Eh, it just means that the term Fey is going to expand to mean anything the designers want. Theoretically Cthulhu could be included as a fey since Eldritch comes from the middle-English elfriche, or 'of the elven kingdom.'
At start kobolds, goblins, orcs, and hobgoblins were just the 1/2, 1D-1, 1, and 1D+1 HD versions of effectively the same* thing**. (.....)But in the end, no, orcs and bugbears were mostly differentiated by the bugbears having more HD, and the occasional depiction as being ambushers. *I guess kobolds 1 worse and hobgoblins 1 better AC also distinguishes
**Bugbears coming out in Supplement I and being 3+1 HD and getting 2-8 damage instead of 1-6 gives them a clear difference, but one created by the change in how the game worked midway through.
I would love a more mundane Barghest (not shape-changing, not graduating back to the outer planes after consuming enough souls). They'd be a perfect Fourth Gobinoid. I'd want to see something like that in action, in literature or in an adventure to get a feel for them, though.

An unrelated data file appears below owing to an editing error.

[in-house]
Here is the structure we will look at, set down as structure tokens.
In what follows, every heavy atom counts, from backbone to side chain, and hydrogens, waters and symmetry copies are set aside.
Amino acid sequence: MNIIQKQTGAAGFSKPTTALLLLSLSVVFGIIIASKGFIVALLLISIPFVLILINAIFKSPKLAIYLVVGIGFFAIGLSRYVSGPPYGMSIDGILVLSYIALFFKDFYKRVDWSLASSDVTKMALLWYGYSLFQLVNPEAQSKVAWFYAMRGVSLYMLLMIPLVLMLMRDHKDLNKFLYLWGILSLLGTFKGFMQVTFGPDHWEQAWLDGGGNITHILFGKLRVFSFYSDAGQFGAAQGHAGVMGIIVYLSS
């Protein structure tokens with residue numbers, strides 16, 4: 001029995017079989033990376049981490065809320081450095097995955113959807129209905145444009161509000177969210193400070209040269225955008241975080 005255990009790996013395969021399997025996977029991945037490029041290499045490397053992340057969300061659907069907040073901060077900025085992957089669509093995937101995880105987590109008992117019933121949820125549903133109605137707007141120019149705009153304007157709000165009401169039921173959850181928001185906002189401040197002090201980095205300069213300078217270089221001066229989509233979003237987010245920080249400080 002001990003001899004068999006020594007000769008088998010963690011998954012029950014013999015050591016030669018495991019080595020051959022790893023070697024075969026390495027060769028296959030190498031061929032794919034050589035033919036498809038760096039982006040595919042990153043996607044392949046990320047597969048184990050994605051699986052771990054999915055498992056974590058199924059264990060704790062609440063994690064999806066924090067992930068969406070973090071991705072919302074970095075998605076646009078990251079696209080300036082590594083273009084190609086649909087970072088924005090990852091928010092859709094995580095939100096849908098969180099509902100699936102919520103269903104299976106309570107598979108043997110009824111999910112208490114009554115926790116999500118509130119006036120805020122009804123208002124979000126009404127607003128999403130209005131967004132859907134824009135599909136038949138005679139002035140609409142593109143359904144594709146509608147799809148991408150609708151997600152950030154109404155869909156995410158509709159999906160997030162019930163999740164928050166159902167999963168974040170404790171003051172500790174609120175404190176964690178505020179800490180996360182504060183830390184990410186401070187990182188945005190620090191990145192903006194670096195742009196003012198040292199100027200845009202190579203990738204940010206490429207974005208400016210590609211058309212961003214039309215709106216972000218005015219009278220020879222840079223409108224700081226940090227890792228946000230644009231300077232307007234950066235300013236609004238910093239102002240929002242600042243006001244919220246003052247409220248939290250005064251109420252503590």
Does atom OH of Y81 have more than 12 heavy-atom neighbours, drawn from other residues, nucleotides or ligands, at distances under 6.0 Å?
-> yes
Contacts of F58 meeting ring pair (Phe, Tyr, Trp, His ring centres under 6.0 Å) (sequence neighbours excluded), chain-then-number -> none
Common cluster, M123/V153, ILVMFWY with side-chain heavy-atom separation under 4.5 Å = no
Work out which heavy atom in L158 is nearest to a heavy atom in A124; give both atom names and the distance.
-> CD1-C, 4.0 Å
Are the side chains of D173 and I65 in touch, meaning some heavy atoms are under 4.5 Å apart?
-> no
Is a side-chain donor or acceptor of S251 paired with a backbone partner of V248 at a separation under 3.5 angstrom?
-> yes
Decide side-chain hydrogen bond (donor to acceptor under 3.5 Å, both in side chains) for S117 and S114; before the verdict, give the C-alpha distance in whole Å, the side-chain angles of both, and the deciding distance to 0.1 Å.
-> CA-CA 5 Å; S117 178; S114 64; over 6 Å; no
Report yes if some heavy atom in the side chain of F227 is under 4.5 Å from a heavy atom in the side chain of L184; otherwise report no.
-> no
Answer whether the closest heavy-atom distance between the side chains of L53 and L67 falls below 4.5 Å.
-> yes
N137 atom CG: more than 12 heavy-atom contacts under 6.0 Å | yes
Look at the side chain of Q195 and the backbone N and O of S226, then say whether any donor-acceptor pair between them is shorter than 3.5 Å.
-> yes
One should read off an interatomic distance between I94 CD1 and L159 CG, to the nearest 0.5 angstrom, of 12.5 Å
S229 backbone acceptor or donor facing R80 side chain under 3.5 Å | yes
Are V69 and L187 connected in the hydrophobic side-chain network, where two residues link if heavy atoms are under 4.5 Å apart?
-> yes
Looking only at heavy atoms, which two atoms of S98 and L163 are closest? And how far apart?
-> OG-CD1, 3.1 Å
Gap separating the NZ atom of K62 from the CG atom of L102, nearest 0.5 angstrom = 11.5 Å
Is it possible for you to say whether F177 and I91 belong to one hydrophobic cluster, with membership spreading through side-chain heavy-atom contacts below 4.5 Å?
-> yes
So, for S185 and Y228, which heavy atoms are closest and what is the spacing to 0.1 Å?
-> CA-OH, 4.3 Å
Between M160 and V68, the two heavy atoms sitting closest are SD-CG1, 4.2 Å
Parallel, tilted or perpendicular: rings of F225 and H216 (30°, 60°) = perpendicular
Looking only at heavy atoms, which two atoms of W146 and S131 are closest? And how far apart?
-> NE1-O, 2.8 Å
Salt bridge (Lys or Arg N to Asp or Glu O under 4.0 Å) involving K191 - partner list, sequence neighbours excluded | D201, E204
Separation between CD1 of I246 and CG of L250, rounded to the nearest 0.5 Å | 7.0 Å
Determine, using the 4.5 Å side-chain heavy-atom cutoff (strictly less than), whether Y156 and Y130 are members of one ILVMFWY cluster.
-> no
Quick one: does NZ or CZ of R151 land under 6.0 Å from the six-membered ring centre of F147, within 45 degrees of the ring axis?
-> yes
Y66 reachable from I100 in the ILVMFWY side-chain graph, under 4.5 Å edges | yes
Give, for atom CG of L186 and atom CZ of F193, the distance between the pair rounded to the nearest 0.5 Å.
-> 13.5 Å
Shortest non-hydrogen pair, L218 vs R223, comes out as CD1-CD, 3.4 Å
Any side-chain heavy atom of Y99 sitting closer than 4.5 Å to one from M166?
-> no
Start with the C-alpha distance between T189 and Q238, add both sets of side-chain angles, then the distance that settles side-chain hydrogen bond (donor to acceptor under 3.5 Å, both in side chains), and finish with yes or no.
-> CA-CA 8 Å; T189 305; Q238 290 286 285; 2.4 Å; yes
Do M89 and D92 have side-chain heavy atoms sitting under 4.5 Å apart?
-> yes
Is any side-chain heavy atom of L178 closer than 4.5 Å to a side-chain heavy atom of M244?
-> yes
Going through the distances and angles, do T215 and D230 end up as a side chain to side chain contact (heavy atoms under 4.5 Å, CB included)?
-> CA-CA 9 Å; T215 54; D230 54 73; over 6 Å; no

..and the aquatic half-octopus goblins, and snow versions of each. Lots of variety. But if you had to choose one, to be a "main" variety?
I've been seeing how they would hold up if they were a part of Dar (or pre-Dar) society. Mainly because the divisions between the goblinoid types are so vivid.
Maybe? (I mean RAW, yes, of course, but for me) This would be an additional, different, type of creature. Gnomes have the same kind of thing going on - you have the magical secretive keebler elves of the forest, and the technological tinkerer inventors. Two completely separare creatures (or at least societies) with nothing really in common except for the name gnome. Same with fey goblins and regular goblins.
I guess I'll eventually have to deal with the same bifurcation of post-warcraft-type Orcs and Cubicle 7 Tolkien Orcs of the Shadow. But I guess that's off topic.